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Monday, December 29, 2014

Unbroken brings Hillenbrand's best-selling book to the big screen

 Another best-selling book comes to the big screen this holiday season with the movie   Unbroken

Below is my movie review blog post for this amazing story.

PG-13, 2 hours 17 minutes

Grade:  B+

In a Nutshell:  This is an inspiring, true story that features the strength of the human spirit against all odds.  Director Angelina Jolie was so taken with Lauren Hillenbrand’s best-selling novel, that she felt compelled to bring it to the big screen.  The story is fascinating, but the viewing is exhausting and heart-wrenching.

Uplifting Theme:
·         The end of the movie reminds us that “the way forward is not revenge, but forgiveness.”
·         “If you can take it, you can make it.” – Louis’ brother, Pete

Things I liked:
·         The main actors dieted for months to appear as their characters would have looked after surviving 47 harrowing days on a raft in the oceanThey lost even more weight in the prisoner of war camps.  That’s dedicated acting.
·         The casting was very good.  Young Louis looked just like the older Louis.
·         The audience laughed when the starving soldiers on the raft punched a fish and a shark in order to eat them.  There were a few moments of subtle humor, but otherwise, this film is extremely sobering.  It should make you hesitate before complaining about anything again.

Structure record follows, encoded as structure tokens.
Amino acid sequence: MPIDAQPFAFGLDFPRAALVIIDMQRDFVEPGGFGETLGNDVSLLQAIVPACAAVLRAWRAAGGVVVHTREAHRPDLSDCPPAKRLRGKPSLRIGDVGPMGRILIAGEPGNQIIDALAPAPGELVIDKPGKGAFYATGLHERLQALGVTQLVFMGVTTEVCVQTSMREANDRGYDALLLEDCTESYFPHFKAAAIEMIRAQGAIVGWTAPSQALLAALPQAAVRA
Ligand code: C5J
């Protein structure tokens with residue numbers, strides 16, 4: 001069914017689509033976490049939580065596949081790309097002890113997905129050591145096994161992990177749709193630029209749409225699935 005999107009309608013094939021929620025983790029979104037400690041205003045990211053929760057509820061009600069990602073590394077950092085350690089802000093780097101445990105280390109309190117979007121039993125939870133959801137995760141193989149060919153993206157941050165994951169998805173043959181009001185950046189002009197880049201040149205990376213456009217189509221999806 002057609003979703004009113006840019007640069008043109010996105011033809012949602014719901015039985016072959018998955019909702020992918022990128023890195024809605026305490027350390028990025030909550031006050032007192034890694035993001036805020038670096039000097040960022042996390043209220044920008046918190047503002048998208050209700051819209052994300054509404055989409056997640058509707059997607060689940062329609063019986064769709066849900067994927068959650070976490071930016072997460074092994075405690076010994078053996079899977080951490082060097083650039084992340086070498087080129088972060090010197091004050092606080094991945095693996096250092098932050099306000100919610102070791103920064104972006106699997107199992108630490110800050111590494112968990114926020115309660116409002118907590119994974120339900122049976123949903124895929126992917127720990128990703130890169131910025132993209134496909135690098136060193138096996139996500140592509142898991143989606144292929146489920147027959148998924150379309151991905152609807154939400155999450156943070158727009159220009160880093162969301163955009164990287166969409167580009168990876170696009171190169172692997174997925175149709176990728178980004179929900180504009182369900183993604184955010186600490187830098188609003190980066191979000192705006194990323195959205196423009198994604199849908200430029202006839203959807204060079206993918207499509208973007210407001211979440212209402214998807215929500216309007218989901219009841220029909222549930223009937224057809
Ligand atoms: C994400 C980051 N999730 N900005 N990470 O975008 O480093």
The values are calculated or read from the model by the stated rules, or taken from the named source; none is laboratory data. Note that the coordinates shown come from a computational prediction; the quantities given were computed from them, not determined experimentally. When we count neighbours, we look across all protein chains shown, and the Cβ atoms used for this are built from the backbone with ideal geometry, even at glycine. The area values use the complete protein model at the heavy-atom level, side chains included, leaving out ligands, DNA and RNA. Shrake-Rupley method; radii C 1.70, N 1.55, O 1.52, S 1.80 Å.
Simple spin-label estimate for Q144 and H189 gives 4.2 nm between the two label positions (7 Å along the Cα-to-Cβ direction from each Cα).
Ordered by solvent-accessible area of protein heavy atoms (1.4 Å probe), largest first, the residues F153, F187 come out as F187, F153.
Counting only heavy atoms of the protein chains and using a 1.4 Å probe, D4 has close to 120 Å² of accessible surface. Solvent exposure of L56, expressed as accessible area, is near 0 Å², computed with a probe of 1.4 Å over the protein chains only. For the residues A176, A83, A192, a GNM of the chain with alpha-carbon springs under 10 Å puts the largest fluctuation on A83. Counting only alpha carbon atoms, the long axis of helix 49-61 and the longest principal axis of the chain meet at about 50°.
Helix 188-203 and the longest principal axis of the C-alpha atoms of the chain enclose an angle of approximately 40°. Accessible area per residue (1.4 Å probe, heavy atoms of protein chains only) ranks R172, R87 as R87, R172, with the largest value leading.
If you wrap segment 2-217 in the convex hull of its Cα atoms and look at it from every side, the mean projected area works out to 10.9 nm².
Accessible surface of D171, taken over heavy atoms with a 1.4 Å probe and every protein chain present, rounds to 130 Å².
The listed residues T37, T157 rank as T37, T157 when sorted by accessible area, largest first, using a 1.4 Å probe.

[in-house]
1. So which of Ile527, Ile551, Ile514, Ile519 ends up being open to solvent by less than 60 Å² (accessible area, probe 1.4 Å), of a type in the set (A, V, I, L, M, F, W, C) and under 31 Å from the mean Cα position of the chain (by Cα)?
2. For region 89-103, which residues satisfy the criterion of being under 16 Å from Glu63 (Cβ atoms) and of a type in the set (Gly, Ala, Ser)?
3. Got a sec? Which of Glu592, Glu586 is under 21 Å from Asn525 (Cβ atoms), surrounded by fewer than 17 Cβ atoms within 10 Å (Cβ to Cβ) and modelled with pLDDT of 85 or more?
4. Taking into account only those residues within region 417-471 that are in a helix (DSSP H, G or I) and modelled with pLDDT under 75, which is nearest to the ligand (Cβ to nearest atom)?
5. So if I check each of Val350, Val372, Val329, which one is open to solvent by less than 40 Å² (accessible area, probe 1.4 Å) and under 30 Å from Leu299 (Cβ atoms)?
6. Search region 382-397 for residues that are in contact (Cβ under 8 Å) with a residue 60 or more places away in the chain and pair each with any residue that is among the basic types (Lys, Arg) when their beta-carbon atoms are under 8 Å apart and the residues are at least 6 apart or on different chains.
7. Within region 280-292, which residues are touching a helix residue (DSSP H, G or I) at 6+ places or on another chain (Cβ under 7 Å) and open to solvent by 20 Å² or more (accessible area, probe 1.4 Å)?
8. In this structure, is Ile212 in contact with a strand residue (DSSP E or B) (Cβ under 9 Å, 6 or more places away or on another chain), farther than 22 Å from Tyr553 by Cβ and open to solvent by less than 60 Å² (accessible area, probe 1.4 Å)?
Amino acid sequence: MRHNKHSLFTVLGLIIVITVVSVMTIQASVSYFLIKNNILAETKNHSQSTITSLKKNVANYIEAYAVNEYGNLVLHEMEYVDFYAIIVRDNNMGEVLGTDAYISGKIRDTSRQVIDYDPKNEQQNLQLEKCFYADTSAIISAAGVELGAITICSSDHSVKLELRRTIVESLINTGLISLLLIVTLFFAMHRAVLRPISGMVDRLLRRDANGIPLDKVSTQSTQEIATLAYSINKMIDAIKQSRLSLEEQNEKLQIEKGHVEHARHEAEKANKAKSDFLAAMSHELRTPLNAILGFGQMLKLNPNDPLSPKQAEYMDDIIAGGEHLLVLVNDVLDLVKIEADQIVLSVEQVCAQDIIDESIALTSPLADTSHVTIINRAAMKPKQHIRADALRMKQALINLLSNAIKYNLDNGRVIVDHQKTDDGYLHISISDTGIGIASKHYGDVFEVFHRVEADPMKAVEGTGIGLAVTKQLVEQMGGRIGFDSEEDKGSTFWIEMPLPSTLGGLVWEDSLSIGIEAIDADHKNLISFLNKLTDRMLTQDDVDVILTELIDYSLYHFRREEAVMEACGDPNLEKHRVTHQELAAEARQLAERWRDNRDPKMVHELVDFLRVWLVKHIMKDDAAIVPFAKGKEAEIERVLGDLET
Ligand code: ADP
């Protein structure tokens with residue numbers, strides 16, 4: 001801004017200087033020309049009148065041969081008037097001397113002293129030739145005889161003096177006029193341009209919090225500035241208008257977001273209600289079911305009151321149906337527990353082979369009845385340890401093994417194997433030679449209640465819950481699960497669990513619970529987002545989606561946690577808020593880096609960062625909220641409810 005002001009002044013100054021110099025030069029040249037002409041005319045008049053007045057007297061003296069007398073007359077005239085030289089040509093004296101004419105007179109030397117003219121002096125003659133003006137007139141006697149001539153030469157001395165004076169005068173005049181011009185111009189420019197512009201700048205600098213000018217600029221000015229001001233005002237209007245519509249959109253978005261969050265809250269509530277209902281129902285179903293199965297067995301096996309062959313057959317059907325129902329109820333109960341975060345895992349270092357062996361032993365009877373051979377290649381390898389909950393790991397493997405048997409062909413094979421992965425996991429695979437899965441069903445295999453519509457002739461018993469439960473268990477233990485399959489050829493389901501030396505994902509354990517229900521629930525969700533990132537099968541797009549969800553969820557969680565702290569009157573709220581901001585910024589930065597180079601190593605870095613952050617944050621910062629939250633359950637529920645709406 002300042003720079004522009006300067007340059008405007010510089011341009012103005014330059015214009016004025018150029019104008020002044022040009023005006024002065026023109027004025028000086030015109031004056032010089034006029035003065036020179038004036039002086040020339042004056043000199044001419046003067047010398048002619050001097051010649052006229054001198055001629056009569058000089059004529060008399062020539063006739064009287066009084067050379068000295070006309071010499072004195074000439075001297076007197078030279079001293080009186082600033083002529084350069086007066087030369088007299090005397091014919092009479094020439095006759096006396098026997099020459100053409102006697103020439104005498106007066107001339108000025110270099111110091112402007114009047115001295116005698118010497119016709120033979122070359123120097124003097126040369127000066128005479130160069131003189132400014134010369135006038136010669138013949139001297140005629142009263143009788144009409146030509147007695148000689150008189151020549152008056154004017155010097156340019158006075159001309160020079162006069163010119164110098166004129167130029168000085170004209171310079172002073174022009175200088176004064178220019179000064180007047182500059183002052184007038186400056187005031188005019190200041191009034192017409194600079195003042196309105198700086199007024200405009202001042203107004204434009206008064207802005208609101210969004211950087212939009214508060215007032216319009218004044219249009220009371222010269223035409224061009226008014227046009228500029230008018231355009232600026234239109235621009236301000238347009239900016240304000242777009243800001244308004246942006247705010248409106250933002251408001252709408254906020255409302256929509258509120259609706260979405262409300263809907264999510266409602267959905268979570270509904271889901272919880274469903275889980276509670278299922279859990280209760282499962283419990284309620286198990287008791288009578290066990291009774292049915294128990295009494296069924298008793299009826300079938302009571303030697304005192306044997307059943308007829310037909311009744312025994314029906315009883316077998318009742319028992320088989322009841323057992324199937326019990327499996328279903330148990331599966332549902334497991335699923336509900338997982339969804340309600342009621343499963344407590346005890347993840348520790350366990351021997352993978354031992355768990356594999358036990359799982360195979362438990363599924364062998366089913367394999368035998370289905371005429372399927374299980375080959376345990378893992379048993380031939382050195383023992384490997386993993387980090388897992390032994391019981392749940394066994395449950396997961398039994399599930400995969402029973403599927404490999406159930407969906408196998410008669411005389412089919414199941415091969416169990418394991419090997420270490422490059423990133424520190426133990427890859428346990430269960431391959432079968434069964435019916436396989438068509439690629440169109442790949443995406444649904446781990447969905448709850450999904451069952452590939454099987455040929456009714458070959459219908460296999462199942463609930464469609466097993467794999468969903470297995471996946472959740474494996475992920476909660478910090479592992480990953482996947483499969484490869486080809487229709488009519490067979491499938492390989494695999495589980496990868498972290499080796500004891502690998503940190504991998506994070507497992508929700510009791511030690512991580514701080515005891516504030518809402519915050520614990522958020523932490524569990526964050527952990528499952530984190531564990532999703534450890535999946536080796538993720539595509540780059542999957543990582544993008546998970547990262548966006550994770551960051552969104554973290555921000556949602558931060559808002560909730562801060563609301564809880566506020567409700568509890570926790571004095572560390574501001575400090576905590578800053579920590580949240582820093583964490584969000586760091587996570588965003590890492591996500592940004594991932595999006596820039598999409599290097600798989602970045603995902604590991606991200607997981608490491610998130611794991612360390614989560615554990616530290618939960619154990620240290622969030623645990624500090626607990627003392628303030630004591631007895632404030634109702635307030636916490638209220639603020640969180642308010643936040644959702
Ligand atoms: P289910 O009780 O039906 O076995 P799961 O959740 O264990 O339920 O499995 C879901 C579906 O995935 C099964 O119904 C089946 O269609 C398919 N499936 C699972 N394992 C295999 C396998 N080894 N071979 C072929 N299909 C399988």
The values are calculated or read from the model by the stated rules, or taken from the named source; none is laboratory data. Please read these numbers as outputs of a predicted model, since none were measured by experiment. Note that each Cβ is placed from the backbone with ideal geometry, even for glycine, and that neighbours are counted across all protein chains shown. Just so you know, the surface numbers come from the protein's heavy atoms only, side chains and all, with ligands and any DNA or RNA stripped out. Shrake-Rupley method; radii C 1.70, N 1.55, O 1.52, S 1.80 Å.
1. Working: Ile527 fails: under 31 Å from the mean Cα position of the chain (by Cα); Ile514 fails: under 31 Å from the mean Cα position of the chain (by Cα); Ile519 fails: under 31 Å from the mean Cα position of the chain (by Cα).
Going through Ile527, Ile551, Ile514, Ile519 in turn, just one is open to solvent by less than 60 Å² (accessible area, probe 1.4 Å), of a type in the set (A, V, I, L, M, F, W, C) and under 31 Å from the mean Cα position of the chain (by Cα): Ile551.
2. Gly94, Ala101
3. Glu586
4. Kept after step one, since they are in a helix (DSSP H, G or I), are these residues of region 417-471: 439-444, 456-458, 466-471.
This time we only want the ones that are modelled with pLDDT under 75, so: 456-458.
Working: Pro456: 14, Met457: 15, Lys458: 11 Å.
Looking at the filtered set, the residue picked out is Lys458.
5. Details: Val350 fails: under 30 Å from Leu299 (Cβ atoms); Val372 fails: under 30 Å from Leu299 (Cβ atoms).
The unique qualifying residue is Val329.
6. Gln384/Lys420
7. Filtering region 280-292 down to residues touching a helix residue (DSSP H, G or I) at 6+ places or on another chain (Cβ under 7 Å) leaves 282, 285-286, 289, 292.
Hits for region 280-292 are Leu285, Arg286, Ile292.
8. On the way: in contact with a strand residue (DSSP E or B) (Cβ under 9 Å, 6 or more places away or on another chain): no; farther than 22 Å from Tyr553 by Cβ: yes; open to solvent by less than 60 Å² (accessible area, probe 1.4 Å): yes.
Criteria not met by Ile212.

·         The cinematography of Roger Deakins (True Grit and Skyfall ) is very well done. Some of the vistas were extraordinary.
·         I always appreciate it at the end of a true story when the audience is shown how things ended up years later.
·         Jack O’Connell (Louis Zamperini) did an outstanding job.  Takamasa Ishihara was so believably cruel as Watanabe that the audience cringed every time he appeared on the screen.

Things I didn’t like:
·         The film is pretty long and your heart can’t take much more.  You feel like you’ve been punched in the gut, although your spirit soars with hope as you watch Louis stand up each time he falls. Angelina Jolie chooses to spend 2 hours focusing on how Louis was tortured in various ways and very little time showing us more about his character development.
·         I’m sad that the real Louis Zamperini died right before the movie came out.  What an amazing man he was.  I’m especially impressed that he returned to Japan to face his tormentors and forgive them.
·         As inspiring as the story is, there should have been more powerful and emotional moments in the telling.

Inspiring lines:
·         “A moment of pan is worth a lifetime of glory.” – Pete
·         “Here’s the plan…you go on living the best you can and try to have some fun along the way. – Phil
·         “We beat them by making it to the end of the war alive.” – Blackie
·         “It is necessary to have respect.  No respect, no order.” - Watanabe
·         “I’m glad it’s you. “ – Phil
“I’m glad it’s me too.” - Louis

Tips for Parents:  There are intense sequences of brutality and violence, as well as some charred bodies in one scene in particular.  There is some profanity, but not much, especially considering this is a war movie.  People used to call Italian immigrants WASPS and DAGOS.  After the movie, you can talk to your kids about bullying and name calling.

To learn more about the amazing life of Louis Zamerini, check out the following items: